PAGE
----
OECD Release Reporting Format for Exchange of Information on Digital Platform Sellers

The OECD has released a standardised IT-format for reporting and exchange of information concerning digital platform sellers under the OECD’s Model Reporting Rules for Digital Platforms.

The OECD sets out that the Rules “were developed in light of the rapid growth of the digital economy and in response to calls for a global reporting framework in respect of activities being facilitated by such platforms, in particular in the sharing and gig economy. Activities facilitated by platforms may not always be visible to tax authorities or self-reported by taxpayers. At the same time, the platform economy also permits increased access to information by tax administrations, as it brings activities previously carried out in the informal cash economy onto digital platforms. As such, the Model Reporting Rules for Digital Platforms are designed to help taxpayers in being compliant with their tax obligations, while ensuring a level-playing field with traditional businesses.”

The new standardised reporting format aims to minimise burdens on digital platform operators that would follow if different jurisdictions were to adopt different reporting requirement standards, and in order to be compliant with the exchange of information under the EU Directive on Administrative Cooperation (DAC7).

EU Parliament Adopts Resolution on AML Crypto-Reporting Rules

Members of the EU Parliament from the Committee on Economic and Monetary Affairs (ECON) and the Committee on Civil Liberties (LIBE) have now adopted, with 93 votes to 14 and 14 abstentions, their position on draft legislation strengthening EU rules against money laundering and terrorist financing. The draft legislation forms part of the new EU AML legislative package, and aims to ensure that crypto-assets are able to be traced in the same way as other monetary transfers. Under the proposed legislation, information on the source of crypto-assets being transferred, and their beneficiaries, will need to be made available to the relevant authorities, including identification of private users of crypto-asset wallets. Person to person transfers conducted without a provider will not be covered by the proposed legislation.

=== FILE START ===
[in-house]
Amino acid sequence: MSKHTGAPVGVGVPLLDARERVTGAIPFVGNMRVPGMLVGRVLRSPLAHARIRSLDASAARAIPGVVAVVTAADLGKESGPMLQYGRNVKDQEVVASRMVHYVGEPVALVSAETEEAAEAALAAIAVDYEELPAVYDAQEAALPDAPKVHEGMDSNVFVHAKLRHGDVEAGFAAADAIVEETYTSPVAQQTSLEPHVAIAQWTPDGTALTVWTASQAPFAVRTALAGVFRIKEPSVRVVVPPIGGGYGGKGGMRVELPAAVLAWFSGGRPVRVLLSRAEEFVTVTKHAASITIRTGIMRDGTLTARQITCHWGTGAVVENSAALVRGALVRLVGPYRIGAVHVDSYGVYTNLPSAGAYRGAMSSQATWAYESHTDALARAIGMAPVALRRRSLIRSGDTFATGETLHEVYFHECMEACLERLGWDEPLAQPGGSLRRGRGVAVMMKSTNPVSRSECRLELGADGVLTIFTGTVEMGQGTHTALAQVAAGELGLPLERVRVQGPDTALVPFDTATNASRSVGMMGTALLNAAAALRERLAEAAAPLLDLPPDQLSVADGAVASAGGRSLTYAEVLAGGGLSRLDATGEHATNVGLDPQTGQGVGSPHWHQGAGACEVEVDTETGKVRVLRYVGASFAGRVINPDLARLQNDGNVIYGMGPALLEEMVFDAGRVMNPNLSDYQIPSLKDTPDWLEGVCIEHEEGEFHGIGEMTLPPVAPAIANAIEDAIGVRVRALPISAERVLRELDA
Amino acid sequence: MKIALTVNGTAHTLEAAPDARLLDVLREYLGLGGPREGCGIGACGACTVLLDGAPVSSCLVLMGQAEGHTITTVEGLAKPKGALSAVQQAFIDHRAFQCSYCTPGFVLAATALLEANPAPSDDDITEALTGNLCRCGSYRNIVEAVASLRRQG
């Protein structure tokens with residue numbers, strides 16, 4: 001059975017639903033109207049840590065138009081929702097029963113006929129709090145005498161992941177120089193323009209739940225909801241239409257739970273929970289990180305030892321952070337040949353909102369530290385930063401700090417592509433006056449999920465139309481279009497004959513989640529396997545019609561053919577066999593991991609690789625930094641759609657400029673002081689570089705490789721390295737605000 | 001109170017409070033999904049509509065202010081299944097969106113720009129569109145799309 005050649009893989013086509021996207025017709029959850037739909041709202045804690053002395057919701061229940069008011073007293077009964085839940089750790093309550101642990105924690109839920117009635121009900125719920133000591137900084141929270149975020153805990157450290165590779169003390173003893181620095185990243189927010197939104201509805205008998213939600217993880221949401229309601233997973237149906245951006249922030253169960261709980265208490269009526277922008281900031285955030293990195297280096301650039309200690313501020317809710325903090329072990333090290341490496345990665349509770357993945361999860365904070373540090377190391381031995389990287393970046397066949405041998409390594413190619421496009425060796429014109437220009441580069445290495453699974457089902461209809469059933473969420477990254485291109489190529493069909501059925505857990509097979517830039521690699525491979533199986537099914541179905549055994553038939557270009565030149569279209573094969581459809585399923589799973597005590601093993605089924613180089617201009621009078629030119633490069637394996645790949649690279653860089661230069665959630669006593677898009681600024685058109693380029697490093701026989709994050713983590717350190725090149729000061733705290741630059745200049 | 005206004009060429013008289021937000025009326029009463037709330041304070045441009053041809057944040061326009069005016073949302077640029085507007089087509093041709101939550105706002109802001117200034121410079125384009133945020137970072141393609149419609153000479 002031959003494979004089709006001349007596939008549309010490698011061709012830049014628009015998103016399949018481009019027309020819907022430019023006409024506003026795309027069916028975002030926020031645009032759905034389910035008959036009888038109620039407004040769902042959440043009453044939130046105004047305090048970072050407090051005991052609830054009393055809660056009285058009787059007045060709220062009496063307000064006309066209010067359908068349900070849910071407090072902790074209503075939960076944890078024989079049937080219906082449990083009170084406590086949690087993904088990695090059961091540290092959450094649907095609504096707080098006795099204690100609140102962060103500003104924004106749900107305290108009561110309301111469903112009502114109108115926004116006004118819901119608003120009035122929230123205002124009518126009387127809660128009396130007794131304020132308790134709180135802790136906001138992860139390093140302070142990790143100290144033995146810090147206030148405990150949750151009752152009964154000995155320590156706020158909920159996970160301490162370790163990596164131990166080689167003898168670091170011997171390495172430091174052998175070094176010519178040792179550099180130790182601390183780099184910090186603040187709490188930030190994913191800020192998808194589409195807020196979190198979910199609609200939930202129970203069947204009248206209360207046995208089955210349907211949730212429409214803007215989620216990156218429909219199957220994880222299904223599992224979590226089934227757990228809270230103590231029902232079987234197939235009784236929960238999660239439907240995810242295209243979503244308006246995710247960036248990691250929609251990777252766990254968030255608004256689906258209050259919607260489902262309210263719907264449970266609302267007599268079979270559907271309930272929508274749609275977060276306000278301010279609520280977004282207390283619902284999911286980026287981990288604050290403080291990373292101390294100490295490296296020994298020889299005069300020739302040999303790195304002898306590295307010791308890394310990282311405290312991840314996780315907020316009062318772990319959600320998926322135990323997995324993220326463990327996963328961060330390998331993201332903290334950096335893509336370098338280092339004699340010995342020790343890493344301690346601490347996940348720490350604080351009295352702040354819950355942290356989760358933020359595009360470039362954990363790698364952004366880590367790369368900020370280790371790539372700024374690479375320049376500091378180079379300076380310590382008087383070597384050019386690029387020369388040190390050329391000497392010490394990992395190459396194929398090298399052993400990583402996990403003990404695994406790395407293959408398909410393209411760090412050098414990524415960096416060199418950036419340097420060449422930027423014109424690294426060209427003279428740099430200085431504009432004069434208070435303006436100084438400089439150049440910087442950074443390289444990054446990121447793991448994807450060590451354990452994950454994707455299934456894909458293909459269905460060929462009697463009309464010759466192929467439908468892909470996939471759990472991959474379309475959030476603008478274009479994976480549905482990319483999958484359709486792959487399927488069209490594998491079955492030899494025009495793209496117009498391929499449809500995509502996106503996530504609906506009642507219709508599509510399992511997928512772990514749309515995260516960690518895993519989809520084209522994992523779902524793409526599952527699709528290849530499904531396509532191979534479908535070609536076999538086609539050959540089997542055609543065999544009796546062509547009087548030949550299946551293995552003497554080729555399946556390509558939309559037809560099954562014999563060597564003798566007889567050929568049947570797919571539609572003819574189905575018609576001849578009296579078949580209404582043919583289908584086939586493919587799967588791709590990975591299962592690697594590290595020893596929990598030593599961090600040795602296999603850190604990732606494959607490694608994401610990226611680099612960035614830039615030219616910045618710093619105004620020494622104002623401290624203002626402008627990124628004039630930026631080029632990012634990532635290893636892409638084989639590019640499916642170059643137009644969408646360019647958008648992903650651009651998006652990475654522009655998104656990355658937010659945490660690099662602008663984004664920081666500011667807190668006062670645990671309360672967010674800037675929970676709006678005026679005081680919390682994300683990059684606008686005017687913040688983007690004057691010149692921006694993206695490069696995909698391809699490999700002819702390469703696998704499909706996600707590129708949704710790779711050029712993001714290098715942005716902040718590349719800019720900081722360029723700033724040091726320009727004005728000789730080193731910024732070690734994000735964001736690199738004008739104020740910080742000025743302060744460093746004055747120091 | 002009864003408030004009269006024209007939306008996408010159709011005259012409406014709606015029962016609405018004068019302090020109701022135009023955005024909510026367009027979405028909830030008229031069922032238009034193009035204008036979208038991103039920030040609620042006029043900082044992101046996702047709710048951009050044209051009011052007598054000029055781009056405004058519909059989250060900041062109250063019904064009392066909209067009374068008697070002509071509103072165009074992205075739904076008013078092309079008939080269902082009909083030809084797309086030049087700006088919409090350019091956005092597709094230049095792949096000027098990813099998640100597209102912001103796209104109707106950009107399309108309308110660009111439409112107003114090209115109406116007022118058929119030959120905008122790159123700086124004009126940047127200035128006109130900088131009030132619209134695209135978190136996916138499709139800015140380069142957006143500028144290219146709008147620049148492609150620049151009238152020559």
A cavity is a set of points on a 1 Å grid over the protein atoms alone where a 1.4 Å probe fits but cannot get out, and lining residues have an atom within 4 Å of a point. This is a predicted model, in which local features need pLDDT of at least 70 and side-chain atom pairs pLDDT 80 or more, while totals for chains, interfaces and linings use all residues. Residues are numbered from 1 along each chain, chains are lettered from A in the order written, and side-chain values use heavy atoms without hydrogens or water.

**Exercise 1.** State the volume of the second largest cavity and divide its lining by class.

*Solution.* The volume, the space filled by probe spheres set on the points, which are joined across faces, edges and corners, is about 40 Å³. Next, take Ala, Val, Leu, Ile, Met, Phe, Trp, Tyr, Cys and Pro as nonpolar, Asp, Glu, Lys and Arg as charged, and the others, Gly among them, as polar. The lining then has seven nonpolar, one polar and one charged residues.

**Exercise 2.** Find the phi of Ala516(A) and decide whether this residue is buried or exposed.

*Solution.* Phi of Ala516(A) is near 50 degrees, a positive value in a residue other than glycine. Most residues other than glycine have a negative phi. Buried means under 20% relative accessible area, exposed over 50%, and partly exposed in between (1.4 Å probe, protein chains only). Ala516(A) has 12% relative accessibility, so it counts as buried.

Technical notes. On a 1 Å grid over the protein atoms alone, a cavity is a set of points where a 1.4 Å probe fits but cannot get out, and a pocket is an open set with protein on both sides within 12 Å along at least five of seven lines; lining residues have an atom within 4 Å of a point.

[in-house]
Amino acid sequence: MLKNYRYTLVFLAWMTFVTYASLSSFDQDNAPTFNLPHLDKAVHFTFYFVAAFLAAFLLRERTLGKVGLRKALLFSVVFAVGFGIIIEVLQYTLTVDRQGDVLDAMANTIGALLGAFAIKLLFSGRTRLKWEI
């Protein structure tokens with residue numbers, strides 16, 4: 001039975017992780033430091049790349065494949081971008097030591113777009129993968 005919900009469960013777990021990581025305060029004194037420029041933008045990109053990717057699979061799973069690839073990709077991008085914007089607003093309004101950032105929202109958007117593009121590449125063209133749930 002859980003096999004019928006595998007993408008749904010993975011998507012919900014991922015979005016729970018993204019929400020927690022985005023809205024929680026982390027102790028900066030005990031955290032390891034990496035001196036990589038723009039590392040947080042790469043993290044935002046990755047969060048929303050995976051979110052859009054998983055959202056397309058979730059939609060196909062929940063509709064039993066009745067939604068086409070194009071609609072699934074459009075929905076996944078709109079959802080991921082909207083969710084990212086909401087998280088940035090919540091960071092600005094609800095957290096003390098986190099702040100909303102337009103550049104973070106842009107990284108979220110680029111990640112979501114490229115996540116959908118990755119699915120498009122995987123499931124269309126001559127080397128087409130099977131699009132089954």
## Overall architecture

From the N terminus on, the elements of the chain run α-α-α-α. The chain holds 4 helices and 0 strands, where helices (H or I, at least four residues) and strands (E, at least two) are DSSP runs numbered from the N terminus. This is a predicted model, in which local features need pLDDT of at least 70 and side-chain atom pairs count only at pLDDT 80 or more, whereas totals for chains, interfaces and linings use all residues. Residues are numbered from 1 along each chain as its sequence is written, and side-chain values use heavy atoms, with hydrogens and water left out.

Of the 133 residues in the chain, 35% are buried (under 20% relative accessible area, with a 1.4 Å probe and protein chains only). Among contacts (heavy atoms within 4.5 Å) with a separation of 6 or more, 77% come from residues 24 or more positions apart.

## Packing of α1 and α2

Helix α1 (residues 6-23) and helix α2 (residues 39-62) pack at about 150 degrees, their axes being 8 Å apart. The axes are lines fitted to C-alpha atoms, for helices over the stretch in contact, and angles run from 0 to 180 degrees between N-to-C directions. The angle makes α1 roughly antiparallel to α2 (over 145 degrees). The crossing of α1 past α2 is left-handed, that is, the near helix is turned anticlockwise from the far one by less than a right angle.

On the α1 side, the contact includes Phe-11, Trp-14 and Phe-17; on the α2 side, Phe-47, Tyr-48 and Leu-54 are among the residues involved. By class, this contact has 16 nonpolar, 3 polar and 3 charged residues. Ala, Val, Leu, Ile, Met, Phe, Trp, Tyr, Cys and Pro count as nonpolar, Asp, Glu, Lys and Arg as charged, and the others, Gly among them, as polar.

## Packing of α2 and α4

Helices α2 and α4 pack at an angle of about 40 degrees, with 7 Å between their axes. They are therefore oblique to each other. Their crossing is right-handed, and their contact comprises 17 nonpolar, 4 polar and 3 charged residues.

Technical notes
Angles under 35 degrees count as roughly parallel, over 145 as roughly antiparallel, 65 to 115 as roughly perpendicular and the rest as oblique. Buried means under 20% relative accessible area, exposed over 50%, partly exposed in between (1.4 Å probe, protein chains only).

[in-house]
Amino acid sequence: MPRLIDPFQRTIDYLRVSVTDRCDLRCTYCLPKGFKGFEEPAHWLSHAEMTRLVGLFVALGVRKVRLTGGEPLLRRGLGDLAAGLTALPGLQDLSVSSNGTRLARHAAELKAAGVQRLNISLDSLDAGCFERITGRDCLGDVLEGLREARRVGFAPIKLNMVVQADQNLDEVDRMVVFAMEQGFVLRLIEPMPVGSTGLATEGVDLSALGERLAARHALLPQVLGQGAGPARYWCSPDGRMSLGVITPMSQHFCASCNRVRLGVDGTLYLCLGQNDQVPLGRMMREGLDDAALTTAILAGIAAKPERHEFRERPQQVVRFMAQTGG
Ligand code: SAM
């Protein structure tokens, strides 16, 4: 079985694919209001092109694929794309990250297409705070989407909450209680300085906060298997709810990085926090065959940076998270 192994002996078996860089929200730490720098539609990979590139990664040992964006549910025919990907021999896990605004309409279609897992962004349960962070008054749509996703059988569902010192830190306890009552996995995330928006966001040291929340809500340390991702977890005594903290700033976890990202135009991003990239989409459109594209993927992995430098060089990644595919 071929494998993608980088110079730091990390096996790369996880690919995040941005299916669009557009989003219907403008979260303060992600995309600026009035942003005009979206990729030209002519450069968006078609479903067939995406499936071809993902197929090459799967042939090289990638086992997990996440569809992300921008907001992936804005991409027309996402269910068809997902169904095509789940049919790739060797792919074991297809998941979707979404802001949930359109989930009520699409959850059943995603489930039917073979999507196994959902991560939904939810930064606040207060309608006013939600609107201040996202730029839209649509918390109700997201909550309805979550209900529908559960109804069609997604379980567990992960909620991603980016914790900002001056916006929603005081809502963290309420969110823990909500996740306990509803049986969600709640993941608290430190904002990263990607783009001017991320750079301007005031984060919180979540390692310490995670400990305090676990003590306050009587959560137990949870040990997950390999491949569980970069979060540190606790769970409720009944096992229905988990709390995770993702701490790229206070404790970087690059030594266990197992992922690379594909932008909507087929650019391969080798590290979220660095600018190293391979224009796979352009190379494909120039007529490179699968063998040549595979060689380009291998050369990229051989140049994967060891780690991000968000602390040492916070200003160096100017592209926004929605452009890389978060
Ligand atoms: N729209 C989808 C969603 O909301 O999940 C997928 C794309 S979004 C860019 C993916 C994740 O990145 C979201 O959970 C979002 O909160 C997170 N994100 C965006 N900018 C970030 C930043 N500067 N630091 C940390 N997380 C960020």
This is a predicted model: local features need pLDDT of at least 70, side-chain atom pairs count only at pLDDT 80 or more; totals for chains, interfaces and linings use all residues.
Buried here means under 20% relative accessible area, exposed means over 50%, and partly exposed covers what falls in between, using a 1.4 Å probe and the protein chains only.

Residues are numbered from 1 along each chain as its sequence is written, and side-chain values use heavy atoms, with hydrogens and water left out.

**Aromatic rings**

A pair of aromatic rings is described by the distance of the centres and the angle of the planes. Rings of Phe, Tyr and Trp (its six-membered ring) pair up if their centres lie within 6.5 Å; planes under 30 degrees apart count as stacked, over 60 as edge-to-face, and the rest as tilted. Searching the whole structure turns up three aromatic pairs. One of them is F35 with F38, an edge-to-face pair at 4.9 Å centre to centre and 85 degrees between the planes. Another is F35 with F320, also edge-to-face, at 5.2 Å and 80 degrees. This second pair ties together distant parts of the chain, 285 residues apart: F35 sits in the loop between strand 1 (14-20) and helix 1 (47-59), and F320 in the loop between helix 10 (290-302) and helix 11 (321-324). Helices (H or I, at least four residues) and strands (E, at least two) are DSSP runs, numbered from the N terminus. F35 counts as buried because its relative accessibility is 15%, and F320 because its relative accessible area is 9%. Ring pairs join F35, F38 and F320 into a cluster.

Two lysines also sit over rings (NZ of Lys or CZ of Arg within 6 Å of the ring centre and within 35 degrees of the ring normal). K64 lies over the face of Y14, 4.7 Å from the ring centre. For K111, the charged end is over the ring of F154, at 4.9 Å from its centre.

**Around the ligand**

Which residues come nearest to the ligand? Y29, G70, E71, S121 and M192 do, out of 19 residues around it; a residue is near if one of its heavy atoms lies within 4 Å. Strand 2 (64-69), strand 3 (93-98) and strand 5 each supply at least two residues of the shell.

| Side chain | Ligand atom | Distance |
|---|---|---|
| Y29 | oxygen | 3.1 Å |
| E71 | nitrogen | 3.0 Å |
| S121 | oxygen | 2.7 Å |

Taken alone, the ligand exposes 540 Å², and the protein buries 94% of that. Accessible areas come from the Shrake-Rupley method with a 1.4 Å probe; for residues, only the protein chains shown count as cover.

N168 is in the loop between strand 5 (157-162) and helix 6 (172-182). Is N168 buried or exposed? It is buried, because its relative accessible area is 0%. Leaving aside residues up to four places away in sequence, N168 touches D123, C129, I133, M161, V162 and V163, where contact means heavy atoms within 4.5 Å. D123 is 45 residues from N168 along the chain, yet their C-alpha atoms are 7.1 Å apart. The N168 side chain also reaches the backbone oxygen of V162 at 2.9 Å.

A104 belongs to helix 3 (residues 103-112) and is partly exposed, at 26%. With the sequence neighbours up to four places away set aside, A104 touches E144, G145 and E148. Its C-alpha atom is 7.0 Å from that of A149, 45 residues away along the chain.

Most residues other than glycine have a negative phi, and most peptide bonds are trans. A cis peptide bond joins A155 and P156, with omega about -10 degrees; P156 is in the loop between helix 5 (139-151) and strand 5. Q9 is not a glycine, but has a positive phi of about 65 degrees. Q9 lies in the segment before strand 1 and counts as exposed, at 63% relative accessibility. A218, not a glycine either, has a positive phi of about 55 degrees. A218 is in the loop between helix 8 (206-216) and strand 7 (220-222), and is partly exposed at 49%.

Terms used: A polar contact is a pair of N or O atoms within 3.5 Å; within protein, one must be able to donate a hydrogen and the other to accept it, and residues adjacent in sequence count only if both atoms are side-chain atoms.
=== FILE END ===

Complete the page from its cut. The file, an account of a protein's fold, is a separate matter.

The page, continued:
MEPs in their position on the draft legislation removed any minimum thresholds and exemptions for low-value transfers. They also call on the European Banking Authority to create a public register of businesses and services involved in crypto-assets that may have a high risk of money-laundering, terrorist financing and other criminal activities, including a non-exhaustive list of non-compliant providers.

The legislation will be voted on by the European Parliament during the April plenary session, and the Committees will thereafter commence interinstitutional negotiations with the EU Council.

Registration Open: CFE Forum 2022 on 12 May 2022 in Brussels

The CFE Tax Advisers Europe’s 2022 Forum will be held on 12 May 2022 in Brussels on the topic of “The Future of Holding Companies & VAT Grouping in the Current Tax Policy Climate”. The conference will examine issues surrounding the European Commission’s Unshell Proposal and how policy developments affect the use of holding companies and VAT groups across tax structures.

Speakers from a wide range of stakeholder perspectives will examine issues raised by the Commission’s proposal, legitimate uses of holding companies, and problems with the divergence in approaches throughout the EU on VAT grouping. More details about the programme, line-up of speakers and the registration link for the event is available here.

The selection of the remitted material has been prepared by:
Piergiorgio Valente/ Aleksandar Ivanovski/ Brodie McIntosh/ Filipa Correia